802.11 country information
APs can provide an ISO/IEC 3166-1 country code and a channel list (with associated max tx power setting.) In practice though one can not always trust APs country information element regulatory information due to considerations for outdated data, rogue/busted APs. Therefore, the wireless code determines the regulatory permissions based on the intersection of data from the APs country information element and what CRDA provides for the given country code.
The Linux kernel wireless subsystem always enables the dot11MultiDomainCapabilityEnabled flag. Therefore, it tries to follow country information received in AP beacons.
If an AP supports sending the Country IE it will send the country IE appended on every beacon. Since we have an initial regulatory setting (set by the user, driver, or core) we don't pay attention to the country IE until we try to associate to the AP. Upon association we will parse the country IE, convert it to a cfg80211 regulatory domain structure and pass it up as a country IE regulatory hint to the wireless core. All cfg80211 drivers can use this, they must call regulatory_hint_11d(). mac80211 does this for its drivers when processing the country IEs on a beacon. regulatory_hint_11d() is optimized to ignore hints from the same AP or that match the same country IE checksum.
APs may support 2 bands (2.4 GHz and 5 GHz) or 1 band (2.4 GHz or 5 GHz). When an AP supports 1 band, as per IEEE-802.11 2007 country IE clarification request the AP may send a subset of the allowed regulatory rules and not the complete set. Because of this the cfg80211 regulatory infrastructure trusts its original regulatory requests if the AP does not send any information on a band it does not support. Since band information is purely artificial in cfg80211 we conclude an AP does not support a band if it has no channel information in its country IE that fits within 2 GHz of the tested band. We can can tune this as we see fit, in freq_in_rule_band().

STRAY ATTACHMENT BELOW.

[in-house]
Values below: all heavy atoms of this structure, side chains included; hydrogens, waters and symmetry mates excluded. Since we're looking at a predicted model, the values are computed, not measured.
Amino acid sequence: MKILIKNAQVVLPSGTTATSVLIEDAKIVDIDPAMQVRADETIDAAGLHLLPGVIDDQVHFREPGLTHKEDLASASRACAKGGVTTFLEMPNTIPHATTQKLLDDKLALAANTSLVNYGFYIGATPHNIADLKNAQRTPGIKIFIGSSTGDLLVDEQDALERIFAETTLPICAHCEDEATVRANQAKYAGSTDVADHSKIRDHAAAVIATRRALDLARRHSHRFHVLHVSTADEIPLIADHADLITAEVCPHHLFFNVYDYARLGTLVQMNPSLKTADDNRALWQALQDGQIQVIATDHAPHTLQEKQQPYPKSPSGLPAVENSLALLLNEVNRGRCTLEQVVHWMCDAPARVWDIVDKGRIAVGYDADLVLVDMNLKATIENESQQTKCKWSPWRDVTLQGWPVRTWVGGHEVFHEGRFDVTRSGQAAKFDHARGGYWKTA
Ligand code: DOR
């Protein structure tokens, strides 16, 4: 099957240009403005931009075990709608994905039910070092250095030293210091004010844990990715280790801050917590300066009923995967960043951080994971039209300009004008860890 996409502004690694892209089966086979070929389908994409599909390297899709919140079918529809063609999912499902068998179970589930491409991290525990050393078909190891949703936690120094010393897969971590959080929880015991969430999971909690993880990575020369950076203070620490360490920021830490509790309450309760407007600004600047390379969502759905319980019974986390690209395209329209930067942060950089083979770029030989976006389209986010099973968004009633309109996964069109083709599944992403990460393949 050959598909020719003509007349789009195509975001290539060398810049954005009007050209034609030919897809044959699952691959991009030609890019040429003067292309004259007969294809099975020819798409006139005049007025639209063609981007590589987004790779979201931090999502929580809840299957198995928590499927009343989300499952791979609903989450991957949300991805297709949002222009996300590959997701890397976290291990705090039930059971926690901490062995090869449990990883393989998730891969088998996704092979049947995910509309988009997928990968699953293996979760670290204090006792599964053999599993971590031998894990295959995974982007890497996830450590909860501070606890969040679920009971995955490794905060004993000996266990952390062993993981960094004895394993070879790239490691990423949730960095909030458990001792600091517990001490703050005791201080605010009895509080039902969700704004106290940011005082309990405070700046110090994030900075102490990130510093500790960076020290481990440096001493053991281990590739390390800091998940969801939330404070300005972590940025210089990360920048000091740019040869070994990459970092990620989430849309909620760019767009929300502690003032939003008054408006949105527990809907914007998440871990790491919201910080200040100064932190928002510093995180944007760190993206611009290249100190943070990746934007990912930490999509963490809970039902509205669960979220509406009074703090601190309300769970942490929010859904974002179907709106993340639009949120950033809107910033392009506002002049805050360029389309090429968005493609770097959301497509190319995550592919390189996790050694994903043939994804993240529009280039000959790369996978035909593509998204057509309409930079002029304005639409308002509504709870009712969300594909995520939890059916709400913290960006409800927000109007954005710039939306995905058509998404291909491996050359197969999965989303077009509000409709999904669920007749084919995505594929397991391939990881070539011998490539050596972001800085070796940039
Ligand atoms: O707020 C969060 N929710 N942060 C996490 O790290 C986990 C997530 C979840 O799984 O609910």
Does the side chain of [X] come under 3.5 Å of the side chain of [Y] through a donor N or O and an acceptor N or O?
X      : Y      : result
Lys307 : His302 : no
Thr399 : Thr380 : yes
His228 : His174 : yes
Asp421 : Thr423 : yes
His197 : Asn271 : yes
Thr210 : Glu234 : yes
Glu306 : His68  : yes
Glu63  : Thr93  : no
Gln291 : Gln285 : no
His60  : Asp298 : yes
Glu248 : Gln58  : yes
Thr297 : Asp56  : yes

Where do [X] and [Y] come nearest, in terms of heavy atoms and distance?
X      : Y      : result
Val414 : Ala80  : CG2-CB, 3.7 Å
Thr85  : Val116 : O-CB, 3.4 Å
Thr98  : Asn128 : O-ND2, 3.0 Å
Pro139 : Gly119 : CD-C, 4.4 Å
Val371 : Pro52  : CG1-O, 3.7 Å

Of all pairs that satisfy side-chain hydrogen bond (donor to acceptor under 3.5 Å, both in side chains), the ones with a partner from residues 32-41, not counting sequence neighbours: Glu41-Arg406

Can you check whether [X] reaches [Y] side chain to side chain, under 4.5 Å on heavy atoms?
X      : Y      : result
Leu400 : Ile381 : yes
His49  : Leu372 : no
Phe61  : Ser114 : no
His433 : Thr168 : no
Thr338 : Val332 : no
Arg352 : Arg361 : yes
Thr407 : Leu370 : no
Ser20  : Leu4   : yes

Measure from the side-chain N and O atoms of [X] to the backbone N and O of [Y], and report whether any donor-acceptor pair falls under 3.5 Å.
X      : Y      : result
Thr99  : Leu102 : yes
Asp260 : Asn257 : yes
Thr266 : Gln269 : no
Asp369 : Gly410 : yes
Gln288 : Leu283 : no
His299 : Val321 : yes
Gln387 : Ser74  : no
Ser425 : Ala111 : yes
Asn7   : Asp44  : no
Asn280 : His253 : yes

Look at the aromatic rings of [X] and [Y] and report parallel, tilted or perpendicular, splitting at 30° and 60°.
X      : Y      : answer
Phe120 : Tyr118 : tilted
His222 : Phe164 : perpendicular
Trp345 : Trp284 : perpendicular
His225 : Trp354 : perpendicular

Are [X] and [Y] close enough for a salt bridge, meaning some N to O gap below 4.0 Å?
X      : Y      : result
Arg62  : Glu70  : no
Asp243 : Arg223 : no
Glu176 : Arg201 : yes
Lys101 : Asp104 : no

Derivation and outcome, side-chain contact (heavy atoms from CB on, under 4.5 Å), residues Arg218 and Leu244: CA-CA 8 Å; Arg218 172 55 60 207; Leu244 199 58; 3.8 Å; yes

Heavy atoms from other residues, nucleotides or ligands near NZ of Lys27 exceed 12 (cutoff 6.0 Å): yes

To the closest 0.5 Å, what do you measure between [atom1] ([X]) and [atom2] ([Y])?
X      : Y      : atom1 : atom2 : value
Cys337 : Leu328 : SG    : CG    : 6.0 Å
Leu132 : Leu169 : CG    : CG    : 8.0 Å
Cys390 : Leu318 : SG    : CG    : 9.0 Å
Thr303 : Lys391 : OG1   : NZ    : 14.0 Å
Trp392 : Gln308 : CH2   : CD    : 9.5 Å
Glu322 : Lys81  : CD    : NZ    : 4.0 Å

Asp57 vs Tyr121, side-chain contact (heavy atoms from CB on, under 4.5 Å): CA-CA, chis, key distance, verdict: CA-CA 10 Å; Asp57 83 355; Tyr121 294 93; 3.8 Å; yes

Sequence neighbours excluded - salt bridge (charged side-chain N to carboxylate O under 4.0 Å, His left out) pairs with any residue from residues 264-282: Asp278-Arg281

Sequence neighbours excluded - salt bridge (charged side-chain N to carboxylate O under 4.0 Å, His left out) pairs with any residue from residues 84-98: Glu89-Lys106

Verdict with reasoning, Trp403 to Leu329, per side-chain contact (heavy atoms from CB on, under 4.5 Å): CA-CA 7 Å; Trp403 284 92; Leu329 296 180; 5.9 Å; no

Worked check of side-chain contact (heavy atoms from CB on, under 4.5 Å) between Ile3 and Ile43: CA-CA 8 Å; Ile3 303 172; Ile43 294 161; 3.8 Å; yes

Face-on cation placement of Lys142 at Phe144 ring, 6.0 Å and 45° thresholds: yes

If an AP has no information on a supported device band we trust the last trusted regulatory request. The last trusted regulatory request will vary depending on the device.
Manual setting of the regulatory domain
Manual setting for a regulatory domain only makes sense if you have no AP capable of broadcasting regulatory information or if your card has no EEPROM regulatory information. To help these type of devices we can allow setting of the regulatory domain to help the user comply to regulatory rules. This can happen, for example, when you travel with a wireless card. For devices with their own EEPROM regulatory information the callback routine (reg_notifier()) registered to cfg80211 for the driver can ensure the EEPROM data is respected even if a user changes the regulatory information manually.